The status quo of social media marketing has had its ups and downs over the years, but for the most part, it’s been pretty consistent. Across most modern platforms (like Facebook, Twitter, LinkedIn, etc.) companies can grab free “business” accounts, post as if they were an individual user, and leverage the social power of those posts to encourage more people to visit their website. For a small additional cost, businesses can purchase ads to increase the power of those posts even further.

A steady stream of emergent technologies and new trends has occasionally modified this flow—for example, older platforms like Facebook have been slowly throttling the “organic” reach of business posts while newer platforms like Snapchat have disrupted the idea of a social “post” altogether—but few developments have completely revolutionized the game.

Twitter, current underdog in the social media marketing world, might have the potential to spark that revolution. The platform is at a crossroads, and its recent developments could cause a major disruption in the scene.


1. “Moments” Could Lead to Aggregated Social Content

Serving as an additional button on the home row, “Moments” aggregates posts from millions of Twitter users about a certain event, news story, or unfolding incident, and collect them in a meaningful way for the average viewer.

It’s proven popularity could spark a revolution not only in social media, but also in journalism. Content could be aggregated from thousands of sources at once, resulting in a reliable, unbiased depiction of almost any public event.


2. Google Integration Could Lead to Blurrier Lines Between Platforms

Twitter’s partnership with Google has also been interesting. As part of a new deal, Twitter’s entire tweet stream was made available to the search engine giant.

On mobile devices (and on desktop devices), users who search for certain types of information find recent popular tweets embedded in their search results. This could be the start of a new revolution in social and communication integration—and one where rival Facebook is already making progress.

Facebook is working on a system that integrates virtually all chat and social applications into one aggregated chat platform—so a Skype user can chat with a Facebook user on separate platforms but within the same conversation. Other platforms could easily follow this trend and start developing solutions and concessions that marry multiple platforms together.


3. Periscope Integration Could Mean More Immediate Social Transmission

One of Twitter’s most covered moves was its acquisition and integration of Periscope, once a separate social application that allows users to live stream video to their followers at any time. With Periscope users viewing 40 years of video every day, it’s easy to see how users could grow to expect a more instantly transmitted first-person perspective from their friends and followers.

Should other platforms adopt similar features, the days of typing out status updates could be over and immediate experience could be the vast majority of all updates.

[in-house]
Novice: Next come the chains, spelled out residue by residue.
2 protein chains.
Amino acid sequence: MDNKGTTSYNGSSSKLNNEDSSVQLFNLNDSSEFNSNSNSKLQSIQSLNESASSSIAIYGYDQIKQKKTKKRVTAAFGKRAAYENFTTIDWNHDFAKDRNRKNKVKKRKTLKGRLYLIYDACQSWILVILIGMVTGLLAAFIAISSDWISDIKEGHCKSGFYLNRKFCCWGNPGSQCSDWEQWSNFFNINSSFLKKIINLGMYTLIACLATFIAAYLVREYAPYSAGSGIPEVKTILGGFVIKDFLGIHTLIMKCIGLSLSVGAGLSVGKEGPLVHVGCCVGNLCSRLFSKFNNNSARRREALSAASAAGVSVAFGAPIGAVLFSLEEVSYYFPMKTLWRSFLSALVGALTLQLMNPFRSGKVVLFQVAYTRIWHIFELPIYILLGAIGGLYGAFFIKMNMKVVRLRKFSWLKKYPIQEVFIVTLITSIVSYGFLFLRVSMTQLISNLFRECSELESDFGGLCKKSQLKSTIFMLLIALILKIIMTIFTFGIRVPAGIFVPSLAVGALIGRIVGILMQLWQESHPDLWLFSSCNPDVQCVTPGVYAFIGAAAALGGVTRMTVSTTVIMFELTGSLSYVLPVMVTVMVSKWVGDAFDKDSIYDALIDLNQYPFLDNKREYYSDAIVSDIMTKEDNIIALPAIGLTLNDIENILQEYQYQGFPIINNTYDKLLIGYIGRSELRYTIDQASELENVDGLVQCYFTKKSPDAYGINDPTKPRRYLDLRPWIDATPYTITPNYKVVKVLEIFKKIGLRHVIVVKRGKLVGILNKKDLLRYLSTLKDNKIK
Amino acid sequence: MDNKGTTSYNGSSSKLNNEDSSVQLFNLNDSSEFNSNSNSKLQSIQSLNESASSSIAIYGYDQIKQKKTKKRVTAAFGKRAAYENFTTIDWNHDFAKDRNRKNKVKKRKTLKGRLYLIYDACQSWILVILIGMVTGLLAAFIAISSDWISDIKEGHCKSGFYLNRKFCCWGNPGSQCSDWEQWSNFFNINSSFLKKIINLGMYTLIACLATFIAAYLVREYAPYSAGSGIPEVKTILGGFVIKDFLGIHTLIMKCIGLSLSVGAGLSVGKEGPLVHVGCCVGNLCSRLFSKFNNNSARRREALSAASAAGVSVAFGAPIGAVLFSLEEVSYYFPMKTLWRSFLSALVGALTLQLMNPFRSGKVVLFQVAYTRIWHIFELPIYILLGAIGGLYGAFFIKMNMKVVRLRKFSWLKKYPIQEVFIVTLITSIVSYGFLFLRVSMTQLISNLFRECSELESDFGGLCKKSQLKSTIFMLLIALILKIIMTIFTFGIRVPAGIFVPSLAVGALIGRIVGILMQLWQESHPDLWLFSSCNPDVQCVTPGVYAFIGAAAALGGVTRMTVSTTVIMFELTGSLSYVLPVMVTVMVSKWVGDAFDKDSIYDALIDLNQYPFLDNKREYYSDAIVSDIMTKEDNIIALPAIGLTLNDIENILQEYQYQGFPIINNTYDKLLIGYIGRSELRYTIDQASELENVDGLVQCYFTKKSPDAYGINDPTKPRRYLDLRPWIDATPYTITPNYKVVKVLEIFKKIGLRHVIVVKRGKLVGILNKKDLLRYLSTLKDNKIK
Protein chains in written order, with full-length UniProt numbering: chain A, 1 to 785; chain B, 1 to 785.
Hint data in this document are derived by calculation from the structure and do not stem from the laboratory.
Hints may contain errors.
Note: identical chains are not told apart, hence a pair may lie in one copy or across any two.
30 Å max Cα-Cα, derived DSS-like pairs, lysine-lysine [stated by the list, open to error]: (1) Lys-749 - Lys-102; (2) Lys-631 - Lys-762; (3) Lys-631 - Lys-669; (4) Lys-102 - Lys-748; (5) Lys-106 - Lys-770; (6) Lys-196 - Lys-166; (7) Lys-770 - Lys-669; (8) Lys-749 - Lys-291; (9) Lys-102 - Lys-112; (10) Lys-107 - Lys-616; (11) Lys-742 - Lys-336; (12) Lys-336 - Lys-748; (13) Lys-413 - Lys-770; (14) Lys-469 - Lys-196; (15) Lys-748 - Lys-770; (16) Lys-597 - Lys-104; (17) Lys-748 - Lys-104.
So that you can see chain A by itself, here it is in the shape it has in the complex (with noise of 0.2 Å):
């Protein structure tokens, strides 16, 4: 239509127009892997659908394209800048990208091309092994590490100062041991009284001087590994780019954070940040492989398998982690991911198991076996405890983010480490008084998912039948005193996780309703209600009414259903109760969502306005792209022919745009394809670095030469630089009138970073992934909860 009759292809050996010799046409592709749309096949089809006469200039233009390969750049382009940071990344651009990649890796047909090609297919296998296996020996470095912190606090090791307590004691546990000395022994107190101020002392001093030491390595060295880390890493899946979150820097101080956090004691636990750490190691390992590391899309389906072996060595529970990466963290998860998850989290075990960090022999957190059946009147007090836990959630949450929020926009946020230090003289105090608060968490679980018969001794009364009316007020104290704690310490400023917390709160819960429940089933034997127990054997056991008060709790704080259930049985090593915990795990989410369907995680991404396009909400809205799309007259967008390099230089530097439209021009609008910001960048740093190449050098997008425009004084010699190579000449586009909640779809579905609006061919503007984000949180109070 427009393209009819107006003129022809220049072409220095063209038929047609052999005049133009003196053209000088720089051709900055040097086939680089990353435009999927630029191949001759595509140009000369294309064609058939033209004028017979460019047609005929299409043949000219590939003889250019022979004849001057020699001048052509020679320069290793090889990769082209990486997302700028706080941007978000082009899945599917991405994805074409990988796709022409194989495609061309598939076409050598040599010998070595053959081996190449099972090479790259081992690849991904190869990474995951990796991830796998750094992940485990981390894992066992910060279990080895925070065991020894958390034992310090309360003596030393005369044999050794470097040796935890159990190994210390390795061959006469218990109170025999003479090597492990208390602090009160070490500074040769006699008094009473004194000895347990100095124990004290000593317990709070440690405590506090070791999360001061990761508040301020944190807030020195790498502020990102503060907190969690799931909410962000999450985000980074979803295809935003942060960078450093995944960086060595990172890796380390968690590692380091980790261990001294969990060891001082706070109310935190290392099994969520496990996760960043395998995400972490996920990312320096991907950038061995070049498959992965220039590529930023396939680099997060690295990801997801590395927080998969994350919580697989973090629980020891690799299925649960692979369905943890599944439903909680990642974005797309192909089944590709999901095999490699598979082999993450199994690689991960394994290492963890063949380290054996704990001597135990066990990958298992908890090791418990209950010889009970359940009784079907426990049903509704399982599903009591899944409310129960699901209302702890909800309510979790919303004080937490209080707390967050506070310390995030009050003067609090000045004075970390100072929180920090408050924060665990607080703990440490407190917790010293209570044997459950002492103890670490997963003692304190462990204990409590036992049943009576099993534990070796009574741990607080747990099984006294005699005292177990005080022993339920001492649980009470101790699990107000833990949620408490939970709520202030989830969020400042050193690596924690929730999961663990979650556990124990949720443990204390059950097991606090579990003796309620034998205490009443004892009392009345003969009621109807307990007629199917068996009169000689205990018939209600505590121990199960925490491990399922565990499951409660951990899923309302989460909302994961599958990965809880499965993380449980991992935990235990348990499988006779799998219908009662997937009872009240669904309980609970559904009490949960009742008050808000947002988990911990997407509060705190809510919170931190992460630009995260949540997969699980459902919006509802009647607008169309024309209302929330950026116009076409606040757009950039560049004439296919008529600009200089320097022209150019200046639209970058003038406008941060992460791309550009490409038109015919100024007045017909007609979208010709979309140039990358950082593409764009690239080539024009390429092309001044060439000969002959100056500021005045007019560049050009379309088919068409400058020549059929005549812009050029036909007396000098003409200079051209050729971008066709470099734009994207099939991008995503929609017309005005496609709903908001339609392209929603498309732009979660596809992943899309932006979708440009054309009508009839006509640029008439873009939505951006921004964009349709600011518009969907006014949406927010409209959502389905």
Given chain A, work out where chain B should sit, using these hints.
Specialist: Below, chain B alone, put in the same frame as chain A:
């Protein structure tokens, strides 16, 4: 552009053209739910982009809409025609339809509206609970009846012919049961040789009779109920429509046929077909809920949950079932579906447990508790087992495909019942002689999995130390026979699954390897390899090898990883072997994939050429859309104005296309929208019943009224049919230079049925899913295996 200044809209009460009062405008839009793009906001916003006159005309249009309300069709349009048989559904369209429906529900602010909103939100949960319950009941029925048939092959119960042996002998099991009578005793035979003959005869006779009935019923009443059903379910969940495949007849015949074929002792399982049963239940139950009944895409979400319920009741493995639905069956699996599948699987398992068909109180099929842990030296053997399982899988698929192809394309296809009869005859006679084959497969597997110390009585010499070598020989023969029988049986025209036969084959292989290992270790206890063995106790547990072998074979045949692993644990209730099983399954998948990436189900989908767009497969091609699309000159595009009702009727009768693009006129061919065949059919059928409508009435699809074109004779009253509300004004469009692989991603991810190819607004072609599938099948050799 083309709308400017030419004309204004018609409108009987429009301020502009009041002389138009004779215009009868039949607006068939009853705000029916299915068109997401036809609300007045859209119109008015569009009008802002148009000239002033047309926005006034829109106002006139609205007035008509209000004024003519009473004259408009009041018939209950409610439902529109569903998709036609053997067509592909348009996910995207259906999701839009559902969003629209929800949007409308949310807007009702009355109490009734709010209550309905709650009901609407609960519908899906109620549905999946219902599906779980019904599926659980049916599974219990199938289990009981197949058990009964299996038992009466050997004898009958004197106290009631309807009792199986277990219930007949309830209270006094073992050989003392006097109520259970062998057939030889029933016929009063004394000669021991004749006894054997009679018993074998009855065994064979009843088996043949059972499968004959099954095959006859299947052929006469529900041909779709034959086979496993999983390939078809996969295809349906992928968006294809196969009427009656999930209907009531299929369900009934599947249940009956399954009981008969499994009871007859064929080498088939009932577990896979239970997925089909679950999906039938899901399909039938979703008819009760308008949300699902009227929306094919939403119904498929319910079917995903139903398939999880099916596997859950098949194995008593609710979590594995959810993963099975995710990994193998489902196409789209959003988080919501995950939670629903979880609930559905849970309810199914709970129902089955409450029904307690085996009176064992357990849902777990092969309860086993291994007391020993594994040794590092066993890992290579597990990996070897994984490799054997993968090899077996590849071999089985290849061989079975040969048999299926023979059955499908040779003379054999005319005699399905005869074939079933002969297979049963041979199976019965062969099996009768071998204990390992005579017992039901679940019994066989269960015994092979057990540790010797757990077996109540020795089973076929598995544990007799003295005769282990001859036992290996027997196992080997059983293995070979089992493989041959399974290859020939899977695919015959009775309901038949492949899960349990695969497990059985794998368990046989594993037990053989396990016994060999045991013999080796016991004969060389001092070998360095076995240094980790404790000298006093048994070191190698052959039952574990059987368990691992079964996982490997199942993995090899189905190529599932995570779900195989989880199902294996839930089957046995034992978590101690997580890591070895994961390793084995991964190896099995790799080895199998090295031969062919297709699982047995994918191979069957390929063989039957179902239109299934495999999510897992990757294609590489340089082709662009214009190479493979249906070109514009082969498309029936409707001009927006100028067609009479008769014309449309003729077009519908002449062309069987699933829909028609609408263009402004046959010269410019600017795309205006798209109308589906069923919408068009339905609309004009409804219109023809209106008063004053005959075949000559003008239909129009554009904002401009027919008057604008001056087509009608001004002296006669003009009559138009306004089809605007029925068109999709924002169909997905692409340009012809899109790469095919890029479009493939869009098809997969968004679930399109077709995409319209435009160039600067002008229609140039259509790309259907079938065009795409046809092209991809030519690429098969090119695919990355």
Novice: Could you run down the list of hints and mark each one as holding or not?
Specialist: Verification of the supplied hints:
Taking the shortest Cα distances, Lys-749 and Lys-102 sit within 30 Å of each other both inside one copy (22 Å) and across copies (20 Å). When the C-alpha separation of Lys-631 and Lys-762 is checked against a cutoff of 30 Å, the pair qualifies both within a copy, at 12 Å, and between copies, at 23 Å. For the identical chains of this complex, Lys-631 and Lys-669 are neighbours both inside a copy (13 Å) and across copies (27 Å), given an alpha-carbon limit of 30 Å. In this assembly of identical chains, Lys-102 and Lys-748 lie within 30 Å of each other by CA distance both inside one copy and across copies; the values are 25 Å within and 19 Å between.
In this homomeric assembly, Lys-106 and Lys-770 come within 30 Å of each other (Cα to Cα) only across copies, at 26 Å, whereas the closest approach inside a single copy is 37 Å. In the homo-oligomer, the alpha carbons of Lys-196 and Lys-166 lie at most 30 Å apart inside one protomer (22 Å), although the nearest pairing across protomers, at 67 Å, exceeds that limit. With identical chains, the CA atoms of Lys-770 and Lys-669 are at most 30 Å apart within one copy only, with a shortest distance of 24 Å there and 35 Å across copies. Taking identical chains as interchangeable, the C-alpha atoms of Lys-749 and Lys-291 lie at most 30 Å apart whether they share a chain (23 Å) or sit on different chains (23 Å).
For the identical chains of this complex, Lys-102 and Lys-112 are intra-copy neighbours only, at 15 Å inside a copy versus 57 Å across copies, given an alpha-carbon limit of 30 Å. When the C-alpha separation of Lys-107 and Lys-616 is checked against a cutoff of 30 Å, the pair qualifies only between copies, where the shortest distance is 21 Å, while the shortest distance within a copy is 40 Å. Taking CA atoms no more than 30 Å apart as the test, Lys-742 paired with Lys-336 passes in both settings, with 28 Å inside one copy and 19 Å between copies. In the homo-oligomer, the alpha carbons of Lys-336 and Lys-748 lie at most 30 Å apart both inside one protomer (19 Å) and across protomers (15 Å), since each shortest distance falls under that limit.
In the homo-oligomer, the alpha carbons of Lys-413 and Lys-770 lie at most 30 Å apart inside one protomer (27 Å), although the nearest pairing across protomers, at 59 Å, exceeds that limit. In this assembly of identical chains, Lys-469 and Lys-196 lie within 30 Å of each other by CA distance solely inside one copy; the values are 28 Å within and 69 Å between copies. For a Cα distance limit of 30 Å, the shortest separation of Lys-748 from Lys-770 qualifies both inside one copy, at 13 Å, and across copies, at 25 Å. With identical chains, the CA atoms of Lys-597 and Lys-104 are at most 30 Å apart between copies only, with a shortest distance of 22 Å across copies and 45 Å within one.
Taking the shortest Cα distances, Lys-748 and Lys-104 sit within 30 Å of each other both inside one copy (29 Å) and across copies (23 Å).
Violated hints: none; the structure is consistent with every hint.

4. Advertising Failure Could Be a Wake-up Call for Social Platforms

Of course, Twitter’s future isn’t guaranteed to be positive. The company has struggled with generating sufficient revenue from advertising for years.

Investors have openly expressed their concerns over Twitter’s profitability since the company’s IPO, and recent data suggests it hasn’t done much to improve the appeal of its advertising side. Without operating revenue, all those fancy new integrations and gadgets would mean nothing for Twitter, and it could wind up suffering heavy losses even if it’s at the top of its game from a functionality perspective.

Such a dramatic transition could serve as a wakeup call to other social media platforms that have failed to monetize effectively (or procrastinated doing so)—such as Snapchat or Instagram.


5. The Death of Twitter Could Spell a Downsizing Revolution in Social Media

Finally, advertising revenue aside, it’s possible that Twitter’s new integrations simply won’t fare well with their target audience. Already, Twitter users are pulled in multiple different directions with multiple different, more popular apps—it’s reasonable to think that Twitter may still go the way of MySpace if things don’t turn around. Such a surprising change could spark a wave of user rejections (and company concessions) that lead to a “downsizing” phenomenon in social media. Today there are hundreds of platforms available, covering hundreds of niches and offering overlap in functionality at every corner. Eventually, all the superfluous platforms could fizzle out (with Twitter being the first major player to suffer that fate), and users could instead focus only on the few, most popular candidates.

Admittedly, these possibilities are speculative, and some of them are direct contradictions of each other, preventing them from all unfolding simultaneously. But they’re important considerations because Twitter could realistically go in a number of different directions, from becoming a new hit through a second user revolution to fizzling out and becoming a cautionary tale. Twitter’s next moves will be especially significant for the social media world at large, so if you’re invested in a social strategy or if you just love social media, stay tuned.

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